- Written by David Perlman
- Category: Editorial and Op-Ed
Wouldn’t it be nice if in the coming year…the phrase “making Toronto into a real music city” disappeared once and for all from the rhetorical toolkit of certain elected officials who, in the interests of not embarrassing any particular mayor, shall remain nameless?
Why? Because it is worse than meaningless drivel; it is actually poisonous. It sounds like a noble mission, well worth studying (top-down, of course). But it does way more harm than good. You see, in order to accept the premise that Toronto needs to be “made into a real music city,” one has to buy into the prior proposition that, right now, “a real music city” is something that Toronto is not. A position with which I very respectfully beg to differ.
Differing, of course, is not difficult to do, but is not in and of itself helpful unless one proposes a useful alternative to the counterproductive bafflegab to which one is objecting.
The challenge we are facing, Mr. Mayor, is not that of “making Toronto into a real music city.” Rather it’s the challenge of figuring out how to keep real the astonishing music city that we already are.
Problem is, to start doing that, you’d have to actually believe it.
So take a look at the level of musical activity represented daily, weekly, monthly in this one small publication alone, Mr. Mayor. And realize that we serve and reflect only one relatively small part of the overall music-making spectrum. Then ask yourself what the things are that keep this astonishing musical ecosystem alive. And once you’ve come closer to understanding that, ask yourself what the things are that are happening under your watch that pose the greatest threat to this ecosystem’s existence.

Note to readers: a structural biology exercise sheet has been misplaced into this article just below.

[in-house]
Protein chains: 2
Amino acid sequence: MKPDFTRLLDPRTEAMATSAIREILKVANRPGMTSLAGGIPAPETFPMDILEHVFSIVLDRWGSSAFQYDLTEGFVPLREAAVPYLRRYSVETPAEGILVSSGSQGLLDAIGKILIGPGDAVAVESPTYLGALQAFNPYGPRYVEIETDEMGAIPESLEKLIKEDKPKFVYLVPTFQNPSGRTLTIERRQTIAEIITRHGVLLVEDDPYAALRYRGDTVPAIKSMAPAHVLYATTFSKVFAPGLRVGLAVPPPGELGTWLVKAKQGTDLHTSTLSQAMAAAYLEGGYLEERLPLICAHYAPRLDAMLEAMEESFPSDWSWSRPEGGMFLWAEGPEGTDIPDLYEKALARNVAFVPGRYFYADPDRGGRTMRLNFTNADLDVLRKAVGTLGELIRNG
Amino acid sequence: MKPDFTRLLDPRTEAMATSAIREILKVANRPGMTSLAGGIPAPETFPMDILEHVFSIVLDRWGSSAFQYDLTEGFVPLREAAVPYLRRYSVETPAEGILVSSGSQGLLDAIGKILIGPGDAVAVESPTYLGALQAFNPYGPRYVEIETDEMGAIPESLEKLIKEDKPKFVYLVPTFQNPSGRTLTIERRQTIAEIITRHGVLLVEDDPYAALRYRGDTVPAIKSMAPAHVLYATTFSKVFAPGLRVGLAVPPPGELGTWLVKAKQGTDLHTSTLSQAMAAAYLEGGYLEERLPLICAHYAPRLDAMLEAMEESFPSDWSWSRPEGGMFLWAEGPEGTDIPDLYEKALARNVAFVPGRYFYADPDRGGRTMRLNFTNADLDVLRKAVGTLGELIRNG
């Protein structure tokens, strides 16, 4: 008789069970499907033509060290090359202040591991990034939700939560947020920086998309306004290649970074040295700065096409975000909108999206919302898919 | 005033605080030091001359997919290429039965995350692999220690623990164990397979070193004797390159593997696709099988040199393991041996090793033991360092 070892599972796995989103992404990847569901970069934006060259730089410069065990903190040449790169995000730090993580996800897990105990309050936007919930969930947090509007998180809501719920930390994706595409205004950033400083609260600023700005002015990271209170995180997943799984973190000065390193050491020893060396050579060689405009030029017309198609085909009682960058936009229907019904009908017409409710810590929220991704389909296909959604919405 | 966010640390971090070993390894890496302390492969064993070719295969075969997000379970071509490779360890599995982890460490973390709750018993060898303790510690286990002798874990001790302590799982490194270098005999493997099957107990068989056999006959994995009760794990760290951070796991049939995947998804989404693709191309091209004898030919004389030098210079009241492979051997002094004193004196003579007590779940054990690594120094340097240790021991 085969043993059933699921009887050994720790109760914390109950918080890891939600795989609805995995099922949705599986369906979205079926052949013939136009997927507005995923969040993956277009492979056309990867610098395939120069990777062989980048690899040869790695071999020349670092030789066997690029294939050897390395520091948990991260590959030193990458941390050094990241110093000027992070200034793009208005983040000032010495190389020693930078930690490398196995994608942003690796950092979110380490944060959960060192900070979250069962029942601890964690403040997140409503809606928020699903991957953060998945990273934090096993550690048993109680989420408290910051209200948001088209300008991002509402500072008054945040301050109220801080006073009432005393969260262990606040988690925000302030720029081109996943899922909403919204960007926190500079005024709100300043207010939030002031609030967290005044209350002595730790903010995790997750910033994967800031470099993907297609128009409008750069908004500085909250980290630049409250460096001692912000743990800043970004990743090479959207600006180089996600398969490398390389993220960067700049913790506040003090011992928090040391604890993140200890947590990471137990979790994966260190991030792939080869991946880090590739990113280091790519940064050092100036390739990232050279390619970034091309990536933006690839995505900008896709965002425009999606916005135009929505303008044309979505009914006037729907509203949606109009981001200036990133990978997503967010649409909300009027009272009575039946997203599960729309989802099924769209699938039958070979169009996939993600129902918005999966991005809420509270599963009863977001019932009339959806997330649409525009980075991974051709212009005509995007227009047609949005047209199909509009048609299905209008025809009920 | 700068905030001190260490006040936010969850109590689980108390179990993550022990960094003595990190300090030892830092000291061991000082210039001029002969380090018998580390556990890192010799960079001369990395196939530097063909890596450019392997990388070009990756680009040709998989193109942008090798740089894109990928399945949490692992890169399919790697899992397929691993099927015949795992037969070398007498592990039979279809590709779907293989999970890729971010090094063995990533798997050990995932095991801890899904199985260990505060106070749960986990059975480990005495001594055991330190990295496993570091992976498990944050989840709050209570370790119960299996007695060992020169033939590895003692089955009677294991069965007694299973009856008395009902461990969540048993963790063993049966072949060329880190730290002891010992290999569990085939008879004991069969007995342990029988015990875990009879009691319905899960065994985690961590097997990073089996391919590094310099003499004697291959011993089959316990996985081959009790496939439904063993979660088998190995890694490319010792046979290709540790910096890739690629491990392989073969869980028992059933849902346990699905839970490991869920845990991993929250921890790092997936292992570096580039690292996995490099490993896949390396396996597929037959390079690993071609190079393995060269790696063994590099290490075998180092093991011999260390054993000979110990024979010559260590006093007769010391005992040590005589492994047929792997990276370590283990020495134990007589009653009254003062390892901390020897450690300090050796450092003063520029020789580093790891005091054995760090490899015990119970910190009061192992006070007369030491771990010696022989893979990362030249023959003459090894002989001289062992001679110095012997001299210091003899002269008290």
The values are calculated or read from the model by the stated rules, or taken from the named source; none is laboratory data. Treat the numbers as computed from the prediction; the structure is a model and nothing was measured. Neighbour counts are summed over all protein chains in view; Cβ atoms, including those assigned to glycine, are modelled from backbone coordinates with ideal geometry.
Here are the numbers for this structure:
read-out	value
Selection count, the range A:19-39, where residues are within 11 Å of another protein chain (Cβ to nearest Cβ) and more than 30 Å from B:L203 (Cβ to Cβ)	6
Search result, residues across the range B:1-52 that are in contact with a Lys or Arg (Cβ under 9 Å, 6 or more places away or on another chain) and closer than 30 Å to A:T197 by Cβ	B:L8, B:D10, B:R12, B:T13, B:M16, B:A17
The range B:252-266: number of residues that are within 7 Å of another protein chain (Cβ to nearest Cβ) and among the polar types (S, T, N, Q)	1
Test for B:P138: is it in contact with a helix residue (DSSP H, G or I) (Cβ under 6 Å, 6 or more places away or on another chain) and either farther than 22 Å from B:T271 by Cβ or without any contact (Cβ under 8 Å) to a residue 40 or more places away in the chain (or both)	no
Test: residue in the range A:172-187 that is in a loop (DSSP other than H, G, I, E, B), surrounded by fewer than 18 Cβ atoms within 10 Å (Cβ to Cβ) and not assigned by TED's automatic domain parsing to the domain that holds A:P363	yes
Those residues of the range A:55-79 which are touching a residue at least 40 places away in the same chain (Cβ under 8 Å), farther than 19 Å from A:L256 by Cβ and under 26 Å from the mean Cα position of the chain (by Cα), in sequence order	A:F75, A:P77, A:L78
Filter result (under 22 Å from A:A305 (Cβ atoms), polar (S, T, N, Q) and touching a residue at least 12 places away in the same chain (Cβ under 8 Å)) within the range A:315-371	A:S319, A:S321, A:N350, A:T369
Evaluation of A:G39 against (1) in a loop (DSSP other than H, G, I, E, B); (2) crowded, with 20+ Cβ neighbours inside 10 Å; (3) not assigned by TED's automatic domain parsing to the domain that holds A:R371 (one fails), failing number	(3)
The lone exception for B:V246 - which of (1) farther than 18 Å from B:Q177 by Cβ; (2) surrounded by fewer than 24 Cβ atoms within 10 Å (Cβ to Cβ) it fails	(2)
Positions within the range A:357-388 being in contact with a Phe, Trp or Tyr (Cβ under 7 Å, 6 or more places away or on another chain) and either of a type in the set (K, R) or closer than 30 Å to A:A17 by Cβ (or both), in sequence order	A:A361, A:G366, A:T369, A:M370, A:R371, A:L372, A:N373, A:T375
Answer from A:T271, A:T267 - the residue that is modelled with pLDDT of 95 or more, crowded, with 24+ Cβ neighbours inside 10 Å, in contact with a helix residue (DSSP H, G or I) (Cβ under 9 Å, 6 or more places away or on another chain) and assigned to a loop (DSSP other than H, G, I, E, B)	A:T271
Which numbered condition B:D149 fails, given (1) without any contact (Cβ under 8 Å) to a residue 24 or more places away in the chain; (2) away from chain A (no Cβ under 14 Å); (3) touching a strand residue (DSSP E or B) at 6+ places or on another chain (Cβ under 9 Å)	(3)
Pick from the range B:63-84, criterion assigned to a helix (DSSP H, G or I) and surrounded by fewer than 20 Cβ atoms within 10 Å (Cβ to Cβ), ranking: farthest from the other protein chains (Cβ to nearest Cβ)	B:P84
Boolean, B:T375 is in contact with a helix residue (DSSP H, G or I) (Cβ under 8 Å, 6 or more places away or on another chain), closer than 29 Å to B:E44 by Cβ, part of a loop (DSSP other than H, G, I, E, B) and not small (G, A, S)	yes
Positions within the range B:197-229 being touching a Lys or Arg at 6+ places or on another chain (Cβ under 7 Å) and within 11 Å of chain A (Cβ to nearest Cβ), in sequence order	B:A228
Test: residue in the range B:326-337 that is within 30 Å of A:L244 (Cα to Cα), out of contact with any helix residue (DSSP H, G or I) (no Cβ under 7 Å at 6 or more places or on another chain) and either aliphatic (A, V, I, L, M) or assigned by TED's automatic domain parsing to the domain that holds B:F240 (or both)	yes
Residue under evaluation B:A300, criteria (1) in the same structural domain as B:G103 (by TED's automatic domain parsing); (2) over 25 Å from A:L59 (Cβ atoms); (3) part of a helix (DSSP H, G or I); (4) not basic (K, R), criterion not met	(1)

Starting with an out-of-the-box comparison might be useful, so here’s one: a city cannot really hope to be a safe city for all its citizens, when the majority of its police officers have, for more than the past two decades, decided they can no longer afford to live here and have moved themselves and their families outside our city’s borders.
Similarly, we are rapidly becoming a city where the working poor (and most musicians fall into that category) are daily confronted with policies and economic realities that force displacement from our downtown of renters, of our young people, of artists, idealists, dreamers…
The urban corners and cracks and crevices where these dreamers learn to ply their trades, fixing up their surroundings as they go, are disappearing, threatened by lack of affordable accommodation. High-rise development wherever two or three properties can be assembled; commercial tax policies that penalize rebuilding small, even when the same uses are proposed for the new spaces; commercial bank financing that penalizes developers who try to factor independent business into mortgage financing; tired rows of the same old franchises on the ground floors of every new development making a mockery of the planning department’s commitment to vibrant mixed-use main street development… There are dozens and dozens of examples like these which could be found and remedied, if they were understood as problematic.
What I am trying to say is that far more than any of these individual factors, the vibrant, street-level cultural fabric of our urban life is threatened when our highest officials dismiss it as “not “real” and decide to take a top-down social engineering approach to solving a problem you exacerbate by the way you define it. So no more “making it real,” please, Mr. Mayor. Try “Our Music City: Keeping It Real,” instead, with pride in your voice for good measure.
Go plant a tomato: Jim Galloway, longtime artistic director of the Toronto Downtown Jazz Festival, and for 16 years the jazz columnist of The WholeNote, was as proud of being a Torontonian as he was of never losing his Scottish accent.